Our world is dominated by the Internet in every possible way. We leverage its convenience by conducting financial transactions, booking plane tickets, ordering food, entertaining ourselves and of course, socializing. In such frenetic and busy scenarios, it is quite the achievement when a person (or phenomenon) becomes a huge and overarching Internet sensation, because it is not everyday that one can BREAK THE INTERNET.
The premise behind breaking the Internet is to draw such an overwhelming interest in a topic or event that literally everyone with connected device notices it. People begin paying attention to news like what their favorite celebrity had the audacity to wear (or not wear), and more important matters—like business, job duties and world affairs—are ignored. In Tech circles, sudden bursts of Internet traffic can have technical consequences. What happens when users rush (all at once) to access a certain web page and encounter a race condition, or inadvertently cause a network or system crash? Or when a shared resource, like a website, is suddenly unavailable due to a malware attack?
Whether a socialite causes hysteria with risqué photos, or hackers successfully take down authoritative websites (like what happened to GoDaddy.com in 2012), such events are described as breaking the Internet. And while we are lucky there hasn’t been anything to actually break the Internet, it doesn’t stop our web-obsessed world from harping over whether the Internet could possibly implode, shut down or disintegrate one day. What would life be like without this fascinating technology that has made society so different from what it used to be? Believe it or not, there are plans afoot on the parts of governments and regulatory bodies to control the Internet in such a manner that it can effectively break it, or, manipulate the way we’ve come to use it.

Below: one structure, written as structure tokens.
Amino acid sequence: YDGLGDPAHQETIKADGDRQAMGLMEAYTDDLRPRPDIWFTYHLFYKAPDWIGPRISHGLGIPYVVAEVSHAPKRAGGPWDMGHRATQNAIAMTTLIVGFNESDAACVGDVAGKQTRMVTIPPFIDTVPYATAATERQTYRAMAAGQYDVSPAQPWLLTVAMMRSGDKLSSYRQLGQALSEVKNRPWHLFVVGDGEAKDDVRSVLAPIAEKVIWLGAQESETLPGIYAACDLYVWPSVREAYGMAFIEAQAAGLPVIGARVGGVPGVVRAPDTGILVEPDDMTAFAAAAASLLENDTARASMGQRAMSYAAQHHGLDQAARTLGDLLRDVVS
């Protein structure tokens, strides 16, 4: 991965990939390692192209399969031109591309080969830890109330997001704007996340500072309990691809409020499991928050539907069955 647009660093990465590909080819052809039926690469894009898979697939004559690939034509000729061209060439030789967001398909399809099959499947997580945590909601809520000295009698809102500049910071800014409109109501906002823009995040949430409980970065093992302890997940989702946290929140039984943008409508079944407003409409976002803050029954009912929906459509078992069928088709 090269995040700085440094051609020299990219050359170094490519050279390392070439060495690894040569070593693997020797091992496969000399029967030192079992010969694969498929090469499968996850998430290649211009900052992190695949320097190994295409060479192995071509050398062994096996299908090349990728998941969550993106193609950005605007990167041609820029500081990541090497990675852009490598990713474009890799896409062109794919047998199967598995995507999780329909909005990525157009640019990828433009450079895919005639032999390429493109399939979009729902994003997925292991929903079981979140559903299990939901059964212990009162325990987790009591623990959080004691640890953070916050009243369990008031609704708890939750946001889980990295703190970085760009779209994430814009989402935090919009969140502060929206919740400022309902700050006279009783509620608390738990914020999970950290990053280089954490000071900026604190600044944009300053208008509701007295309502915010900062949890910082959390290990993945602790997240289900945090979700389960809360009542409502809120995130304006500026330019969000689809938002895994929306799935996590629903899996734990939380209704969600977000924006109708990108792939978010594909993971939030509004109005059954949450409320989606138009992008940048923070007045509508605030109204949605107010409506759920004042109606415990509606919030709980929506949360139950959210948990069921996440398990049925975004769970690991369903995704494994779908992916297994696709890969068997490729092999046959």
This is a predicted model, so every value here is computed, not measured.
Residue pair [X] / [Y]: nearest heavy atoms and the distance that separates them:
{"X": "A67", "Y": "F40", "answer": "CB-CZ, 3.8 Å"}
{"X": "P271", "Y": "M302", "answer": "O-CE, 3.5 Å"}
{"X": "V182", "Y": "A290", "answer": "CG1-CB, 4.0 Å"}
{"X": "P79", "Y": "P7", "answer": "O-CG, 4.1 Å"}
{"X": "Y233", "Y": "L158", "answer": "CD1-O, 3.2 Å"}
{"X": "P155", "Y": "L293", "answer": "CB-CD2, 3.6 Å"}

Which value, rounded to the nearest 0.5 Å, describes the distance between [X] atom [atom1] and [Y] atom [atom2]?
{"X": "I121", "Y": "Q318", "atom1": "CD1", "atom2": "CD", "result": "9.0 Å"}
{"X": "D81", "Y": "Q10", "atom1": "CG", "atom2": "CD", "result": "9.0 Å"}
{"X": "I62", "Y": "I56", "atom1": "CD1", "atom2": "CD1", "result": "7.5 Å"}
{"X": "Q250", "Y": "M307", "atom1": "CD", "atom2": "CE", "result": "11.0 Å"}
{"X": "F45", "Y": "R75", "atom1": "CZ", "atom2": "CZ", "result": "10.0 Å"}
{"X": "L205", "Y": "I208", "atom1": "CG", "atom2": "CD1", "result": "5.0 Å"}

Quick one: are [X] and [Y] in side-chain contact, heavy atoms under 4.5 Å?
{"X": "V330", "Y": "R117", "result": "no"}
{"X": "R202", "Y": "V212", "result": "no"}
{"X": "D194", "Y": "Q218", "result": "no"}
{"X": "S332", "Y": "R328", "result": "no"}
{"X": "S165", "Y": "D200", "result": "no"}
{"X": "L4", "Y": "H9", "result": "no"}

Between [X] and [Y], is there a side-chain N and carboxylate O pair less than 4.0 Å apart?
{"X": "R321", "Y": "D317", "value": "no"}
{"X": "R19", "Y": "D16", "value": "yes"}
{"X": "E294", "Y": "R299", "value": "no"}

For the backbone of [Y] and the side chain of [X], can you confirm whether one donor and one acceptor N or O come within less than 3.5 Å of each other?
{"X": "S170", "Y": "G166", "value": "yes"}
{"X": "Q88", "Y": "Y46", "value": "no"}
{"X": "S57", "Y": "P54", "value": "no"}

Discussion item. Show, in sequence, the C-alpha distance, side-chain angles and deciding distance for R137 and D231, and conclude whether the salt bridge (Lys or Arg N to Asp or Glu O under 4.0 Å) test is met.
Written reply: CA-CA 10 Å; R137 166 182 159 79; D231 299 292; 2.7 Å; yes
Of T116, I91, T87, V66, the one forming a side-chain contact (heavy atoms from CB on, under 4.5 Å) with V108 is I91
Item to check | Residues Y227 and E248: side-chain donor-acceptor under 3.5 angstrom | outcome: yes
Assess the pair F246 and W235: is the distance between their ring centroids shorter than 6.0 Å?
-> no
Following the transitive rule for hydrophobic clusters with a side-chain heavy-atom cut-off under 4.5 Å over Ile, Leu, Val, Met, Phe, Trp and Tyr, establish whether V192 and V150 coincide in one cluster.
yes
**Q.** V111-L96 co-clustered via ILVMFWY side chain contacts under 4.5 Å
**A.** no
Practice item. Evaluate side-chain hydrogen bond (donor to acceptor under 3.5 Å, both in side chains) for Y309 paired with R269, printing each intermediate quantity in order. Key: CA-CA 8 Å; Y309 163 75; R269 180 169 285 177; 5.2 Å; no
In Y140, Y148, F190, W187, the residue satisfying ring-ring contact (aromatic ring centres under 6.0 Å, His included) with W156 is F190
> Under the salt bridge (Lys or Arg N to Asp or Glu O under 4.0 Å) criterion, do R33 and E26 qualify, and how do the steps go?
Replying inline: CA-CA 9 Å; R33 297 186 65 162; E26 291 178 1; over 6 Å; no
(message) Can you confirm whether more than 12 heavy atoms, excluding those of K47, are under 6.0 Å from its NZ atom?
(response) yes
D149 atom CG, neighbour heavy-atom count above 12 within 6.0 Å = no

Governmental Policies that Break the Internet
In 2019, the European Parliament approved a sweeping Internet copyright law that severely curtails the ability to upload content. Many, including the founder of Wikipedia.org, Jimmy Wales, vehemently opposed this piece of legislation. This is in addition to the General Data Protection Act that was rolled out by the European Union (EU) in 2016.
And then there’s the United States which has issued its own set of rules for how the Internet should work. The CAN-SPAM Act of 2003 sought to curb unsolicited emails (much to everyone’s welcome). Bills surrounding Net Neutrality, on the other hand, haven’t been as well received. Service providers like Comcast and Verizon have led the charge in gutting open Internet protections, which would allow them to legally throttle web traffic. If there were ever an example of breaking the Internet, this would certainly be it.
In normal parlance, the “Break the Internet” phrase carries an innocuous connotation of something becoming outrageously popular online. The entertainment industry, in particular, uses the phrase frequently in hopes that TV and movie trailers will catch on. By investing enough in marketing and advertising, they hope a buzz will be created around their offerings, which will eventually translate into revenue and profits.
On the other hand, entertainment icons like Kim Kardashian and Nicki Minaj have rightfully earned the title of “Internet breakers” thanks to their racy photos and performances. The pressing question, however, is whether the Internet, at large, will actually crash one day. Experts say that it won’t, but some believe there is some wisdom in heeding to online superstitions (like typing “google” in Google’s search bar and potentially causing the World Wide Web to unravel). Google has debunked this claim several times, but you never know!